It’s kinda like raising kids. Parents may share different views about what is right for their child and still equally love that child. So too with a nation and members of a nation. We can disagree about how to move along as a country. Patriots have done this in the past and do it now.
I have said all of this because there tends to be a sense today that patriotic means never questioning the nation’s or this or that leader’s actions, and that is just not a fair or proper use of the word.
Love of America does not mean we cannot respectfully dissent. Comments against the current administration are not necessarily un-patriotic, and neither were comments against the last administration. Agreement or dissent with, or within, an American political party is not necessarily unpatriotic.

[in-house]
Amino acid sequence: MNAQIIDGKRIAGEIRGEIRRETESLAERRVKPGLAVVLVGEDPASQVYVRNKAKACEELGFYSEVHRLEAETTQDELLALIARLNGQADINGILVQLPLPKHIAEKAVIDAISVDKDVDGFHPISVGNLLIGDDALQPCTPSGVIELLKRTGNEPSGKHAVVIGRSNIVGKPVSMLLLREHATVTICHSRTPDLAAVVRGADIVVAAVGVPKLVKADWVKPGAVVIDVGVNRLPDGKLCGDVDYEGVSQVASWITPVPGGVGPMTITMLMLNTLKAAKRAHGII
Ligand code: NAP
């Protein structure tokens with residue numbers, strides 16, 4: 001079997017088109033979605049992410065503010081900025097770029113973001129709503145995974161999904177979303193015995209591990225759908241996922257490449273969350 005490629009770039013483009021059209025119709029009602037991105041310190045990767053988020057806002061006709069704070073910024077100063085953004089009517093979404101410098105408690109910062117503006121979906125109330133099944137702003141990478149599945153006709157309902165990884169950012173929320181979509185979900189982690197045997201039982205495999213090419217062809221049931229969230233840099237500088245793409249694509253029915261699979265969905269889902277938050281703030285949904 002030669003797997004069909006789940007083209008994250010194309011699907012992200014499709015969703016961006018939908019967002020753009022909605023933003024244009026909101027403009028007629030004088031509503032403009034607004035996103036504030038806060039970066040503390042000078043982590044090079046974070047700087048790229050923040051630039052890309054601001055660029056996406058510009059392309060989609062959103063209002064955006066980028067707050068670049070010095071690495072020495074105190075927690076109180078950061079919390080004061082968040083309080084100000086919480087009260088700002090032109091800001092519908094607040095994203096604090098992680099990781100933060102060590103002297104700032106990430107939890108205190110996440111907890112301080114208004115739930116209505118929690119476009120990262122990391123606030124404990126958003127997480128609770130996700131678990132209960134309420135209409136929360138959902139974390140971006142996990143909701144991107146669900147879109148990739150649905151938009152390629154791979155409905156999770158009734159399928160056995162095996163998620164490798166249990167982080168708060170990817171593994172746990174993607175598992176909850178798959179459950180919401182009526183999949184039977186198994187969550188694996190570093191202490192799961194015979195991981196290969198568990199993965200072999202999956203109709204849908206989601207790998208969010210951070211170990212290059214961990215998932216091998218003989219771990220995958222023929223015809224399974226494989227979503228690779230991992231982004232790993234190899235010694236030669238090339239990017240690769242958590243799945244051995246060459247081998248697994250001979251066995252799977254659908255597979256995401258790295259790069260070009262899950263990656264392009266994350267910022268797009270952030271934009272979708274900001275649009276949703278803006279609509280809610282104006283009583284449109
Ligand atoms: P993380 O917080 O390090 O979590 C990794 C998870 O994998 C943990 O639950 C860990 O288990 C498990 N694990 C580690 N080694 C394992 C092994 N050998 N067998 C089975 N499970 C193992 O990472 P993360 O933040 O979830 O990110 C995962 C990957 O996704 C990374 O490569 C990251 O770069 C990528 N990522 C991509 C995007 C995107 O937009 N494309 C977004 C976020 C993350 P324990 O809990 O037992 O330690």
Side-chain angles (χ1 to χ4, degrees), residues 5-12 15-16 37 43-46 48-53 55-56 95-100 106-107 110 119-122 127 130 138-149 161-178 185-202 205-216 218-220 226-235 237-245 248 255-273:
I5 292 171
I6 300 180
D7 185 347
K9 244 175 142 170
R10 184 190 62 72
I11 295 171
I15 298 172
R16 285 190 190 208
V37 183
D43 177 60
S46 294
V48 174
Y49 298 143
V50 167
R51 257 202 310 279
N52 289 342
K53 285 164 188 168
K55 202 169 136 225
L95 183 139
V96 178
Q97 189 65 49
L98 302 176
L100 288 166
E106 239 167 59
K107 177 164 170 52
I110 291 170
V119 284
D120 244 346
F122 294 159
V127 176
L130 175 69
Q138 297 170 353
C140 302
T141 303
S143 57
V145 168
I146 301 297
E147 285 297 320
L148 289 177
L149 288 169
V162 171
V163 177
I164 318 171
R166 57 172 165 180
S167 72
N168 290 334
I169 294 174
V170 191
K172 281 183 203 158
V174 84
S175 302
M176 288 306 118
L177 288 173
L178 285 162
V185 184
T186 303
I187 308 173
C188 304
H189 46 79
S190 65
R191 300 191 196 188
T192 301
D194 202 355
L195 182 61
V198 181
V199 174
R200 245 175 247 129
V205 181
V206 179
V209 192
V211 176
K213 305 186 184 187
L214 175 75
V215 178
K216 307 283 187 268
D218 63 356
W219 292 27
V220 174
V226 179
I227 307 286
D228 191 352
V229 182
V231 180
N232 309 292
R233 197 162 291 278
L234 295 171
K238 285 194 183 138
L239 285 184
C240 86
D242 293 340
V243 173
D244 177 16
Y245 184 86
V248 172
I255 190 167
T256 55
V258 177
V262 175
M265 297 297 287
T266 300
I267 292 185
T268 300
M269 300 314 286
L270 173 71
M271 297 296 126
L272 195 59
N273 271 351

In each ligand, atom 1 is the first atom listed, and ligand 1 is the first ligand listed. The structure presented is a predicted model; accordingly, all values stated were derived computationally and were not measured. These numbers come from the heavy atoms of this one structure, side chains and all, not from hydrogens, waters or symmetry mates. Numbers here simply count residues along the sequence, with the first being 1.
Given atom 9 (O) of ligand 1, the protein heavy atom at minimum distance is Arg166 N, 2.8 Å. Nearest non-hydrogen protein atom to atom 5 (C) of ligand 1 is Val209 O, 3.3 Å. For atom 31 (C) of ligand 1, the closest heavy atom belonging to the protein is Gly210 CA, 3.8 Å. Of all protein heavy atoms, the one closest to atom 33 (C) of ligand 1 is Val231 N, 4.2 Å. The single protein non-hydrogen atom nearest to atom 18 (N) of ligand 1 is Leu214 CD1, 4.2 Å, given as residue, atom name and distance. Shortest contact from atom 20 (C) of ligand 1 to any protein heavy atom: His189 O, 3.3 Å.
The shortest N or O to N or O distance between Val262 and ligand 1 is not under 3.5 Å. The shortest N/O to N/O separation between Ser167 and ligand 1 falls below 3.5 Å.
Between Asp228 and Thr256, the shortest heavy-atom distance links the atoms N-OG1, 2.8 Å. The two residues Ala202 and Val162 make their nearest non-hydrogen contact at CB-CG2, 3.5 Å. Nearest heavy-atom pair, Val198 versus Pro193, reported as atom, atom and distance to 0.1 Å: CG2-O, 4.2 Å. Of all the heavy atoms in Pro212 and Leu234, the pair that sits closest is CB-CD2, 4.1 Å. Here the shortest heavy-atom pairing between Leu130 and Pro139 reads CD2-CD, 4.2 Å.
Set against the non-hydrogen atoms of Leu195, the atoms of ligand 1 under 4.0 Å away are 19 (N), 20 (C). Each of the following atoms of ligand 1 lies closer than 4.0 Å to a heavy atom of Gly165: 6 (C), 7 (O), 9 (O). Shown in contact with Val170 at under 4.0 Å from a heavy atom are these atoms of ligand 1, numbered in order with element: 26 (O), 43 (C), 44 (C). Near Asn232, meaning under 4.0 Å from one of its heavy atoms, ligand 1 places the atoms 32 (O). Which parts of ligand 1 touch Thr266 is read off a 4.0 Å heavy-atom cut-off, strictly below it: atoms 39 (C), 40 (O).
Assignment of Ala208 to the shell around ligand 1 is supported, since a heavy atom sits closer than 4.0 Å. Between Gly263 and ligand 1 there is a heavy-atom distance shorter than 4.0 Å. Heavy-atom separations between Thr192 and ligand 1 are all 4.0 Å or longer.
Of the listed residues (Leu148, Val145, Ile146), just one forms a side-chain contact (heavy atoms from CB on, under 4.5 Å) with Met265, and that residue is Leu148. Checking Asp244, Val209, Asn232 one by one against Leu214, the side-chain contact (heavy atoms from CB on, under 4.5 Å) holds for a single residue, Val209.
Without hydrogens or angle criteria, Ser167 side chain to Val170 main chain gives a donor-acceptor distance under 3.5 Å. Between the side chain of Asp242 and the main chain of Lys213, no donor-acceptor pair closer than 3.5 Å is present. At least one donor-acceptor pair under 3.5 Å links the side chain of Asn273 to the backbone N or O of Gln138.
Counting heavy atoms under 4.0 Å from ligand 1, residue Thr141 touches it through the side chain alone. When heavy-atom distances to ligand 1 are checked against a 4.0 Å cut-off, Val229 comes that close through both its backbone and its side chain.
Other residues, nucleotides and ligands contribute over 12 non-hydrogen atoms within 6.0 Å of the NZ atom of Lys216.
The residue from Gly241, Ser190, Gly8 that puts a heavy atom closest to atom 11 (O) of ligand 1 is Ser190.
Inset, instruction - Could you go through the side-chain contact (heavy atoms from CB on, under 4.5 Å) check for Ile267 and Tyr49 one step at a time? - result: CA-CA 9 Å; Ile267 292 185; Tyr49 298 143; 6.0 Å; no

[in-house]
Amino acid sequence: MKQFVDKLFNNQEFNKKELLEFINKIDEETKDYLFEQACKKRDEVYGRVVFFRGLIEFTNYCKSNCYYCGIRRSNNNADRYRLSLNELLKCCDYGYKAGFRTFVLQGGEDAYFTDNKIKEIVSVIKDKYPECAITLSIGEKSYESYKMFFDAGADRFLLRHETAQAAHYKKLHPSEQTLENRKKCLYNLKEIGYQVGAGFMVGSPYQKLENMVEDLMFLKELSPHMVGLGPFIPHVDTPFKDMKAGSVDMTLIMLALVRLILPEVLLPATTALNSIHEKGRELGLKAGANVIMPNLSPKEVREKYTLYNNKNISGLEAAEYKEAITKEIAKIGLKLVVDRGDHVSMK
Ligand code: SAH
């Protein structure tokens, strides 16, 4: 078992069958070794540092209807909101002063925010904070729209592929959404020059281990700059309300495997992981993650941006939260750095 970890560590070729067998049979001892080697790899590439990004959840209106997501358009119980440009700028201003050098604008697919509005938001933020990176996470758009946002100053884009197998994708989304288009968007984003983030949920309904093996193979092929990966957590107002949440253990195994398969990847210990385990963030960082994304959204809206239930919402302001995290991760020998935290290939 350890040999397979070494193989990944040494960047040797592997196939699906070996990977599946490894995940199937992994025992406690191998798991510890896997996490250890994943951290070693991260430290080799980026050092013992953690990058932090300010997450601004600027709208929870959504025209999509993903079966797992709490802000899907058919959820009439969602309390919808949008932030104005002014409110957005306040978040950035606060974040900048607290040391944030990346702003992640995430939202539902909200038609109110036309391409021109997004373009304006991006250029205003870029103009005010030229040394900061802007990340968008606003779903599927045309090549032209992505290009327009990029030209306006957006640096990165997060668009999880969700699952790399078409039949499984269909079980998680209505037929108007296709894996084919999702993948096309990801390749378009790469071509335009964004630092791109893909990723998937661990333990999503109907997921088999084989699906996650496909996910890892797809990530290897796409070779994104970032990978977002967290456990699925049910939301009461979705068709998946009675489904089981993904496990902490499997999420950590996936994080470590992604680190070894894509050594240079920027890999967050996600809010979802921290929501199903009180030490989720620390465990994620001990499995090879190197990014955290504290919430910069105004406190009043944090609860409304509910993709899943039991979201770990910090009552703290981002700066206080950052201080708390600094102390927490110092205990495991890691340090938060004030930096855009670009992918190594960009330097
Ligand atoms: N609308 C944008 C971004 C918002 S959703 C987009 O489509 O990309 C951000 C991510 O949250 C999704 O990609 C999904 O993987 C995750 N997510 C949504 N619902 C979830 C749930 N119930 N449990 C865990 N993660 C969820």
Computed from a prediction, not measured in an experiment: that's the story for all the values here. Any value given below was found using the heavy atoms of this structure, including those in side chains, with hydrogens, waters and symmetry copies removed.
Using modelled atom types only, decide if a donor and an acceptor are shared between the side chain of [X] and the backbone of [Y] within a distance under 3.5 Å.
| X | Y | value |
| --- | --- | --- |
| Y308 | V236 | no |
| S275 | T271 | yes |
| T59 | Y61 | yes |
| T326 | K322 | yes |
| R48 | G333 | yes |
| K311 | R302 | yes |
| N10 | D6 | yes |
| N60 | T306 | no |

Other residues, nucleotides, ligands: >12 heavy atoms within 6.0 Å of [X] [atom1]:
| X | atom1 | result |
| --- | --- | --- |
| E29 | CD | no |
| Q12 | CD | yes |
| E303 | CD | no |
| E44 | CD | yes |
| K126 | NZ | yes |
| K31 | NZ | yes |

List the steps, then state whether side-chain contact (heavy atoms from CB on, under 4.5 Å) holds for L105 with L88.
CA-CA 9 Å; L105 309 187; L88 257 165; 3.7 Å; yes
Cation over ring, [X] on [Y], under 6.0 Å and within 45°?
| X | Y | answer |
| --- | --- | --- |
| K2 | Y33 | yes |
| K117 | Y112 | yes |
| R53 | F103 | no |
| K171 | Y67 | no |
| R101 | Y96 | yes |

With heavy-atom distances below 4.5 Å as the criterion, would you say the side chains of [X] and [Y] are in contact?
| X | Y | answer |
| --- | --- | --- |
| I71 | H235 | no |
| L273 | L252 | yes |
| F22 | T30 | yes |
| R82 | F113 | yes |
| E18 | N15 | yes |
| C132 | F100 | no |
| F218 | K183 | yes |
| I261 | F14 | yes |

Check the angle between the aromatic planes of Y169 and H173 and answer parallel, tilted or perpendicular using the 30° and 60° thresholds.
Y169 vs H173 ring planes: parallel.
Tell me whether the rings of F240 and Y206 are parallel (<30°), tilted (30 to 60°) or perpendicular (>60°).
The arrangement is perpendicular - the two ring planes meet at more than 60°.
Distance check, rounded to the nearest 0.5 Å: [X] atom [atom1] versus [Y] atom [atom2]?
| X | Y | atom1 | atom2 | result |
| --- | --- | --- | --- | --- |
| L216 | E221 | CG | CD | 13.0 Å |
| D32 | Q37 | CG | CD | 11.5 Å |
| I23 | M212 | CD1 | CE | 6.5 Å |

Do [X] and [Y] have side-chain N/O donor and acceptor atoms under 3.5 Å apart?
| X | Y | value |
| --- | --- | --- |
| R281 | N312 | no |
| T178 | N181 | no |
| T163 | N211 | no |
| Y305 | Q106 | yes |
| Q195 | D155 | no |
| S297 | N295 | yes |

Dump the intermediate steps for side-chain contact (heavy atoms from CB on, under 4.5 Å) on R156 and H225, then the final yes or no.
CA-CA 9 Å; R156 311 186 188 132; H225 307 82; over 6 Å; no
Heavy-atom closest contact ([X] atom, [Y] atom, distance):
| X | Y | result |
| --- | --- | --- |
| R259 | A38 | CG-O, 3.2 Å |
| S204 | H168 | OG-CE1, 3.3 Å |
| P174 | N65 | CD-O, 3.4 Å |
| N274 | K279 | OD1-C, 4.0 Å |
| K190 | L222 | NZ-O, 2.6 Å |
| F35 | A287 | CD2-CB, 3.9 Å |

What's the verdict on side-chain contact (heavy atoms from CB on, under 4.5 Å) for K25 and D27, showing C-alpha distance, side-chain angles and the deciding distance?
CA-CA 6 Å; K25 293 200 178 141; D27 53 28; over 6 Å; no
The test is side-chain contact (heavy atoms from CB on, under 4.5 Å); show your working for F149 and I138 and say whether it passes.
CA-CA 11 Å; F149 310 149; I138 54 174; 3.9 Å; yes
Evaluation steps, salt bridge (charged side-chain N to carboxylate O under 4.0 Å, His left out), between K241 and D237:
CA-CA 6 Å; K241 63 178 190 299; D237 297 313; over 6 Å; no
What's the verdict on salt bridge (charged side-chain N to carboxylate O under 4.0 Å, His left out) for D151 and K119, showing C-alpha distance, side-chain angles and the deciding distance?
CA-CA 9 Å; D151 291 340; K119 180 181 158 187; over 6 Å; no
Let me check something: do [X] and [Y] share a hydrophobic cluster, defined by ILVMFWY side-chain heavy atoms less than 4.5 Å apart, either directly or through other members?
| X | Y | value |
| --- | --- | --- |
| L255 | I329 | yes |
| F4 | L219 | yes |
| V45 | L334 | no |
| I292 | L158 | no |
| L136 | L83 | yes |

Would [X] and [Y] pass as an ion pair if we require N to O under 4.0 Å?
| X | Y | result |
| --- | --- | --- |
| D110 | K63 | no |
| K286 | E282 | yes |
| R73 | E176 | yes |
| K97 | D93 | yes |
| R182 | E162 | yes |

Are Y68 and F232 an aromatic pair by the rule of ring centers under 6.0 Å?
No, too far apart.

Of course, the very document upon which our country based it’s quest for independence, the document we celebrate tomorrow, was a declaration that upholds and honors the right of people to dissent with a government even to the point of dissolving it.
Listen to the radical first three sentences of The Declaration of Independence:
When, in the course of human events, it becomes necessary for one people to dissolve the political bonds which have connected them with another, and to assume among the powers of the earth, the separate and equal station to which the laws of nature and of nature’s God entitle them, a decent respect to the opinions of mankind requires that they should declare the causes which impel them to the separation.
We hold these truths to be self-evident, that all men are created equal, that they are endowed by their Creator with certain unalienable rights, that among these are life, liberty and the pursuit of happiness. That to secure these rights, governments are instituted among men, deriving their just powers from the consent of the governed.